pinkiponk Sun 02-Oct-16 20:48:23

Like the others have said, keep busy and try and see as many friends as you can. I'm on a patch and easier to be around people who are going through the same thing, which really helps.
Routine is also key, I find once I'm into it properly I'm much more settled.
I feel for you, the RN seem to go away more than the RAF and Army. You know you'll get through it, and think how excited you'll be when he returns for r and r, and then for good. flowers

Nakatomi Sun 02-Oct-16 20:57:24

We don't live on patch, no. Our town is very army-based however so there is a bit of a support network here. The good thing is it looks like this might be his last deployment as he has a very good chance of being able to move in a shore-based position next year which he'll be much happier with (so he says) especially as where he'll be working is only about a 25 minute commute from where we are.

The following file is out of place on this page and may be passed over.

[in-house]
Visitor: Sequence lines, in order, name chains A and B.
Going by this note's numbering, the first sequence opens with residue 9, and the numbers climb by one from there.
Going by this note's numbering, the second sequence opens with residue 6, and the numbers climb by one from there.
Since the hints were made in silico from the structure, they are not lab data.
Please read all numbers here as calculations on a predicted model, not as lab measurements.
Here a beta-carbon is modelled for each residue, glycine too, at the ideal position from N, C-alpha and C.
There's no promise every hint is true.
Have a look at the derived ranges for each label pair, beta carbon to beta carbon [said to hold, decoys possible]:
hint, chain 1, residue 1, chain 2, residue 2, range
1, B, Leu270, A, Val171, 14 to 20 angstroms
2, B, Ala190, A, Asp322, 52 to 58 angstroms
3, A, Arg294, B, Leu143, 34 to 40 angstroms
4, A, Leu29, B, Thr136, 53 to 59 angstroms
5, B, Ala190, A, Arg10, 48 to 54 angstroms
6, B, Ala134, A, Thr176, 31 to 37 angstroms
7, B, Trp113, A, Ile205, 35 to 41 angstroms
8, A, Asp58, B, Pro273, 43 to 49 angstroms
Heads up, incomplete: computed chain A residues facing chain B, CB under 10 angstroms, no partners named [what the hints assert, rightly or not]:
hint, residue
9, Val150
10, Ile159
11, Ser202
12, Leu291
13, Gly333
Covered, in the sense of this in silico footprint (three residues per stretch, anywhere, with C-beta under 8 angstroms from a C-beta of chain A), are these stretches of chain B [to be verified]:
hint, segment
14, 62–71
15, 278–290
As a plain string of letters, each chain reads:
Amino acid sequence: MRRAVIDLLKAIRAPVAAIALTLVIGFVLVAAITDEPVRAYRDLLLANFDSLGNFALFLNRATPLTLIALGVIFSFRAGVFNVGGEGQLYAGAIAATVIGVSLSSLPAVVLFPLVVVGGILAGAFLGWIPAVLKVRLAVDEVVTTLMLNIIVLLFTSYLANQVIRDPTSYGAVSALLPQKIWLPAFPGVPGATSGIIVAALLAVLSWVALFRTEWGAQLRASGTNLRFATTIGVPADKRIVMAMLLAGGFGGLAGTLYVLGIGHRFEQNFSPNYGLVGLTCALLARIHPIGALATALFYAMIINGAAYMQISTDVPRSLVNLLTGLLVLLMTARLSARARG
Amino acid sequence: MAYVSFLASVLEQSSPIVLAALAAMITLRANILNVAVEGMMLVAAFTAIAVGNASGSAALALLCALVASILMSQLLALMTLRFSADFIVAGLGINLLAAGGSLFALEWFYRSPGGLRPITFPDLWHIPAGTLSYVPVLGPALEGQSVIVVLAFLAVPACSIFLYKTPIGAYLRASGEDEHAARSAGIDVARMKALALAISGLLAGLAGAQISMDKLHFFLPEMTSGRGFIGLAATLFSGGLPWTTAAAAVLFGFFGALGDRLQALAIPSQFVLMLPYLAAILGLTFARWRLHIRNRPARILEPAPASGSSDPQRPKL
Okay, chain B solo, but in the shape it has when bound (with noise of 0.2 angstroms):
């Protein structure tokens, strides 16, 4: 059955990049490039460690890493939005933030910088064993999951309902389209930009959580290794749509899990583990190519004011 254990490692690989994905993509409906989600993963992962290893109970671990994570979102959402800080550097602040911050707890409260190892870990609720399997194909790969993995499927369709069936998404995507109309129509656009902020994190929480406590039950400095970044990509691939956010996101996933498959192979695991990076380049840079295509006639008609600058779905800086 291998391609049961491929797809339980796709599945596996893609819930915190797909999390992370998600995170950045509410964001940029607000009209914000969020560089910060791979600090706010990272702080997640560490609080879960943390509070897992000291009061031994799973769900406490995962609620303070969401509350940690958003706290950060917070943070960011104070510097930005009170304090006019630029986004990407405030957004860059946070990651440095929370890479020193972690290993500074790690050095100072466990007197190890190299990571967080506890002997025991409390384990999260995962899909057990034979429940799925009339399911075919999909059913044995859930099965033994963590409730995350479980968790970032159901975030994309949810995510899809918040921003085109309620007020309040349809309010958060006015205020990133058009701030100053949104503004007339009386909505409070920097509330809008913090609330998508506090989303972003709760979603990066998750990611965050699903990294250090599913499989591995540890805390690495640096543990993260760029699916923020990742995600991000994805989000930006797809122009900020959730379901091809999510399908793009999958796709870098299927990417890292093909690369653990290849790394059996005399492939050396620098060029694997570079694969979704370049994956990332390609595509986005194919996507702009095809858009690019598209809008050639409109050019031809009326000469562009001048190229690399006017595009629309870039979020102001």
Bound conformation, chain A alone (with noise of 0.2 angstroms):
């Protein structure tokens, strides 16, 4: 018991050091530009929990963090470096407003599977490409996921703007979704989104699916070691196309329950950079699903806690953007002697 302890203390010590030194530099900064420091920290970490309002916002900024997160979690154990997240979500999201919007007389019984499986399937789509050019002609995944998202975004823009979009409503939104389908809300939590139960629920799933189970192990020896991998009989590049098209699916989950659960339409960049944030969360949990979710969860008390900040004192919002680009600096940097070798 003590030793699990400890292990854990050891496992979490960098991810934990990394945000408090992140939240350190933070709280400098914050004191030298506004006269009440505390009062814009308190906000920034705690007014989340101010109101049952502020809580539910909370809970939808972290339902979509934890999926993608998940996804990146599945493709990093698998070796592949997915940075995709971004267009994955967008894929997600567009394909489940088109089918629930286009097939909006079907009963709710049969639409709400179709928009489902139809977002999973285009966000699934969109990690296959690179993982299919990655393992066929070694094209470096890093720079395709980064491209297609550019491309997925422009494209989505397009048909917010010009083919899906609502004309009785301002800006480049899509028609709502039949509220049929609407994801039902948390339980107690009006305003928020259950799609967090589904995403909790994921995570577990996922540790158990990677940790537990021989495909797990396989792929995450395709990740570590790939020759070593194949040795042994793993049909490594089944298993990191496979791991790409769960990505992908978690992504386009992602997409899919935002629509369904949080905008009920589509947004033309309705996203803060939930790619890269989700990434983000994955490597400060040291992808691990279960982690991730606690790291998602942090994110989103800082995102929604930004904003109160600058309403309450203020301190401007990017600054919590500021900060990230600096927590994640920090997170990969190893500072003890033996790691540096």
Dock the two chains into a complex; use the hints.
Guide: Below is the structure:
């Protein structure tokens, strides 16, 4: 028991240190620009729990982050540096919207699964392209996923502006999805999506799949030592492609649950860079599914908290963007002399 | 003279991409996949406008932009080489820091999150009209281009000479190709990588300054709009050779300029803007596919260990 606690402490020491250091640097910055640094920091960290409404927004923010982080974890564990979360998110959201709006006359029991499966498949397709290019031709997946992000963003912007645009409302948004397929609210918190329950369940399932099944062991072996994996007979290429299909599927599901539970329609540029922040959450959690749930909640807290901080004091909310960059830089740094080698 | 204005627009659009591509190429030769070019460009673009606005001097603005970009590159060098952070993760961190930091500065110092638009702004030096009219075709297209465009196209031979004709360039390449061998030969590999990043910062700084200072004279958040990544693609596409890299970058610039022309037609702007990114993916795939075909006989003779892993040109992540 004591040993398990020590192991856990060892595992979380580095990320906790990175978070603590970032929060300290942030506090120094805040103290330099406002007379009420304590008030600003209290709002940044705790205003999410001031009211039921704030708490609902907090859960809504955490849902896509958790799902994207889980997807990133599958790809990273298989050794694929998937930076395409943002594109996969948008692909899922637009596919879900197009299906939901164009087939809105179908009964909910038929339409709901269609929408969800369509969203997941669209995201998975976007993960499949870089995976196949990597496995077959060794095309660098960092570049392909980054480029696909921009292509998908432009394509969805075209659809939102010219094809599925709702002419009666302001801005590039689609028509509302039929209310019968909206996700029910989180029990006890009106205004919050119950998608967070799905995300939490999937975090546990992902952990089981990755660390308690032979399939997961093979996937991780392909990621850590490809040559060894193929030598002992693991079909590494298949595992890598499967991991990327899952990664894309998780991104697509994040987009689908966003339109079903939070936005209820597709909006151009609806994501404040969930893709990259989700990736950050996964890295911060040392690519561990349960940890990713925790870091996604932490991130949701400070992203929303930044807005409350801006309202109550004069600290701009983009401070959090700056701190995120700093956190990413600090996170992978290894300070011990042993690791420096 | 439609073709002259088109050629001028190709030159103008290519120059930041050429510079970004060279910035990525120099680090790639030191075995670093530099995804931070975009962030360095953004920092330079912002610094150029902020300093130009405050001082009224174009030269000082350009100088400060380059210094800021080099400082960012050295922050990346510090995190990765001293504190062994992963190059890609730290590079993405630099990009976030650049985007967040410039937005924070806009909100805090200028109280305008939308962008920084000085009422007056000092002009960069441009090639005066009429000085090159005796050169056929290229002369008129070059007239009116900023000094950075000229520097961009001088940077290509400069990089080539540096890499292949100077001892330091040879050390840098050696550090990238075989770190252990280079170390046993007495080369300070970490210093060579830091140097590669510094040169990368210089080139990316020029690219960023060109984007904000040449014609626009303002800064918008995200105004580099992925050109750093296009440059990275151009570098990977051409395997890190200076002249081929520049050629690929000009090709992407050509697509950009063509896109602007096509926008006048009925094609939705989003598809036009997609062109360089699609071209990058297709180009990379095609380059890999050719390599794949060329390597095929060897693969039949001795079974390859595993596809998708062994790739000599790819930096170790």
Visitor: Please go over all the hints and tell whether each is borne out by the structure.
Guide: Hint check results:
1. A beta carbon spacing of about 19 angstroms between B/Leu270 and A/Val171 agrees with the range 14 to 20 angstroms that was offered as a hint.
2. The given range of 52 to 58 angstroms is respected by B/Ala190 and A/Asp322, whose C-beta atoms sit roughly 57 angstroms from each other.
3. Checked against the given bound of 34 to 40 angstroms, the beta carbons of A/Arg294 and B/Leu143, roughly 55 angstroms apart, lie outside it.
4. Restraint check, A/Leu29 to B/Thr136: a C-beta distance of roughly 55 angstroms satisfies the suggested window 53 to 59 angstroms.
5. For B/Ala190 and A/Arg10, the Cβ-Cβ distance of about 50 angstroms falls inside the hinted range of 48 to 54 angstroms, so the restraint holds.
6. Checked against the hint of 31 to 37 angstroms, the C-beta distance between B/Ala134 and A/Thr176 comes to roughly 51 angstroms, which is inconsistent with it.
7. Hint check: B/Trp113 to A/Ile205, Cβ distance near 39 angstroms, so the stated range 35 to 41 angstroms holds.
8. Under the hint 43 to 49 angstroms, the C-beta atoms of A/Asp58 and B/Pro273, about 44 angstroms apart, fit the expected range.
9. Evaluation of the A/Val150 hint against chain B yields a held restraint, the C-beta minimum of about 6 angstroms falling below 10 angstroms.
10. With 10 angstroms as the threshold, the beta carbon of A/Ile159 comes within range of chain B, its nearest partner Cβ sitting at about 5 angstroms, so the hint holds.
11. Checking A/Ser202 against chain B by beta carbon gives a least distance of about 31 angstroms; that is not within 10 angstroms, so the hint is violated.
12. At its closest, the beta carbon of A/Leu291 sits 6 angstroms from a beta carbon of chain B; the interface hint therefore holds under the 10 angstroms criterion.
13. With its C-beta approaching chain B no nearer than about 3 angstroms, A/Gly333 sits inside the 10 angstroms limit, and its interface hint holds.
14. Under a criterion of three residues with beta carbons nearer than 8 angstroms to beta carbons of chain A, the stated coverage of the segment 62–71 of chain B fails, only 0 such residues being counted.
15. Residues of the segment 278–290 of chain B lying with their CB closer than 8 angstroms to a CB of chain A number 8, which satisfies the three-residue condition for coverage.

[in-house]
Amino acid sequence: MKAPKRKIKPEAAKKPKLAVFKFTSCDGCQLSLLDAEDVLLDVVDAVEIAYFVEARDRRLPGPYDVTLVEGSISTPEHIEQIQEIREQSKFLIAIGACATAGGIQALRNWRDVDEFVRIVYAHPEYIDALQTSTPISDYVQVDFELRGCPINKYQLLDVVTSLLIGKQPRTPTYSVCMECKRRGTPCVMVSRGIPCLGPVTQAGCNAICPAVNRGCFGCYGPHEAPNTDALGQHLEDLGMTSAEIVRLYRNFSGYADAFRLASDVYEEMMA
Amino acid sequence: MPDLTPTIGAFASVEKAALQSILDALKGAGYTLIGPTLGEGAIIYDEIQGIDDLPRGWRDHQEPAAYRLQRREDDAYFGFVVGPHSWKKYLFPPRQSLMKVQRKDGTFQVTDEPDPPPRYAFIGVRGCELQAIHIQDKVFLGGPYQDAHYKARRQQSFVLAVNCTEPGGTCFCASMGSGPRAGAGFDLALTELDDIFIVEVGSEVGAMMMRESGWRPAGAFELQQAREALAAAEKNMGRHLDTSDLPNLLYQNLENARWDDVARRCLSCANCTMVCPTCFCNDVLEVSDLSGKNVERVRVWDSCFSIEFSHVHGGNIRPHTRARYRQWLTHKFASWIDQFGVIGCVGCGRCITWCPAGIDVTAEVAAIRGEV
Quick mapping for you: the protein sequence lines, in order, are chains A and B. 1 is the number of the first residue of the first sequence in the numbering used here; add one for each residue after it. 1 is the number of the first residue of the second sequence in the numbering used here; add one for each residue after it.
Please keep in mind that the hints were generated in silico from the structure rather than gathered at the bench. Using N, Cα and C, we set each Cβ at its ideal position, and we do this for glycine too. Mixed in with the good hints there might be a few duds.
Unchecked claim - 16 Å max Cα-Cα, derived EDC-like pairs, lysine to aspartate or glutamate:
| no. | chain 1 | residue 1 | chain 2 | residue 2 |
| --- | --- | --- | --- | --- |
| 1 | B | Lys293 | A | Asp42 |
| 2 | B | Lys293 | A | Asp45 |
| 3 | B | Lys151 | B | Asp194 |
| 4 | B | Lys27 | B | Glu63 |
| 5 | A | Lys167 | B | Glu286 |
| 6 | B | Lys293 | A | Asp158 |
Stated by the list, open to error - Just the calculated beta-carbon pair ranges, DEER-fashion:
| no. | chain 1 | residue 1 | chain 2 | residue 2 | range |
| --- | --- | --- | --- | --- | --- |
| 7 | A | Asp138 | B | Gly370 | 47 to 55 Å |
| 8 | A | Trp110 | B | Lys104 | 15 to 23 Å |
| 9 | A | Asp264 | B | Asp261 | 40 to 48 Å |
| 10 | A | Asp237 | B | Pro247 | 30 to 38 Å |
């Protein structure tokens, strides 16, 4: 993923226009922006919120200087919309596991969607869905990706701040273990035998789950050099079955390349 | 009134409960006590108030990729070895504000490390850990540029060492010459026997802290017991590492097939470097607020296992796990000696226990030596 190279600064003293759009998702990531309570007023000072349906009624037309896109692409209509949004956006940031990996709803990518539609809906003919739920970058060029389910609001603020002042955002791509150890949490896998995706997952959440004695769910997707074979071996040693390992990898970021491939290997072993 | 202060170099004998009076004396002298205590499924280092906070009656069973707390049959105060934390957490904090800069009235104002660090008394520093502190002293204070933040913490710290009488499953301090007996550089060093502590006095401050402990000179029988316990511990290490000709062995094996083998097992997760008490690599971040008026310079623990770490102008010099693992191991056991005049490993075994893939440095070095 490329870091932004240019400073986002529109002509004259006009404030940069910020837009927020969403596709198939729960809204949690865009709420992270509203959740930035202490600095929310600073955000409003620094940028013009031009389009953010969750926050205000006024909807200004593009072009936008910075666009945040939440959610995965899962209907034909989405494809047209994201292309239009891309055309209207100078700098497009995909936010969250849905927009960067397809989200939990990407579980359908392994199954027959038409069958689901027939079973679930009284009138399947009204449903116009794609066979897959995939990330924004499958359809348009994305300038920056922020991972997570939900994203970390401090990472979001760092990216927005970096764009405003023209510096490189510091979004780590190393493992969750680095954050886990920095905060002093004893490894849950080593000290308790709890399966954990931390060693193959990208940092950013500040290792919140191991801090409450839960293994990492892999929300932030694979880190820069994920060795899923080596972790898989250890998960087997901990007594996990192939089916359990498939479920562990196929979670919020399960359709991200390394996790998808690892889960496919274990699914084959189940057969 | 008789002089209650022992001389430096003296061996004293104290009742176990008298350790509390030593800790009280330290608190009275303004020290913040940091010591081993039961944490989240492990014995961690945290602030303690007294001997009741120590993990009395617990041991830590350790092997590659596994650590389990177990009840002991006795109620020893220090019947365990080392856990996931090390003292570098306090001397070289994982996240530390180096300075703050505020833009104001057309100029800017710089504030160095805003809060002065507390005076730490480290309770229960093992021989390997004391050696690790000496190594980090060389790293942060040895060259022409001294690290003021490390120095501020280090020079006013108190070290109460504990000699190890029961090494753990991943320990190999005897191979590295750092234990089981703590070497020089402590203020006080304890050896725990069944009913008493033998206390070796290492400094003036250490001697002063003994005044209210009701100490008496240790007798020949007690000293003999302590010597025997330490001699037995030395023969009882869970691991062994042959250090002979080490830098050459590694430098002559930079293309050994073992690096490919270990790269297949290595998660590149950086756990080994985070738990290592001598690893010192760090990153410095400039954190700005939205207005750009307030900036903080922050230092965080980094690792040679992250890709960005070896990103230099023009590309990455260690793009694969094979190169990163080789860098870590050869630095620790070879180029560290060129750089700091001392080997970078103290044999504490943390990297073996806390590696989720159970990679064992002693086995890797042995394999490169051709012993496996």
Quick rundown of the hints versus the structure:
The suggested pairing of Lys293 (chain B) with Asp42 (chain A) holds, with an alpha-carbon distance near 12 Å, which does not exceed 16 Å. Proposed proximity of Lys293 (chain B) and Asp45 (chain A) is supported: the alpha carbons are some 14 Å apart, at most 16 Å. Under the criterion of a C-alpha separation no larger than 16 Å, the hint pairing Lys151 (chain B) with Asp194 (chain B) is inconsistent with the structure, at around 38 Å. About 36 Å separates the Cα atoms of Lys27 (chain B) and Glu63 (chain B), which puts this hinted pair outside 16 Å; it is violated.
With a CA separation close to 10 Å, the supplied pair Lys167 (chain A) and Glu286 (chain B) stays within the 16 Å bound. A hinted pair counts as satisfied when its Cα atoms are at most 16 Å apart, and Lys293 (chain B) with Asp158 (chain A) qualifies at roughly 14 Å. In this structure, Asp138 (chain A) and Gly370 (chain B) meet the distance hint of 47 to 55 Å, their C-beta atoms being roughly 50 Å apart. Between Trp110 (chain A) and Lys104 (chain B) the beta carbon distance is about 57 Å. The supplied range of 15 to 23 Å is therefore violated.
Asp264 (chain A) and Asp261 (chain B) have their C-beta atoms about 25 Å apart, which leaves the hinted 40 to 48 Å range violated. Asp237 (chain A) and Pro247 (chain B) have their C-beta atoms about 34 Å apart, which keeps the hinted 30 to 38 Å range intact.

MyBreadIsEggy Sun 02-Oct-16 21:01:42

Do you have children??
I found deployments a hell of a lot harder pre-kids - as backwards as that sounds!! Now we have DC, I'm not going home to an empty house. There's always something that needs doing, which keeps me busy and keeps my mind off the fact that I'm home alone. We live in the arse end of nowhere, away from family too which makes it a lot more lonely. You say that you don't live on the patch, but do you have friends among the Navy community? I found that surrounding myself with people who truly understand what it feels like is the best thing to do! Before we had Dd, I spent a lot of time in the gym just to avoid going home and sitting by myself!!!

Nakatomi Sun 02-Oct-16 21:18:25

Nope, no kids. We're hoping to adopt next year though if DP gets his shore-based position as otherwise it's unfeasible for us.

I think you're right though, without kids here it feels a bit lonely. I suppose with kids you have someone to deal with and you're not alone with your own thoughts.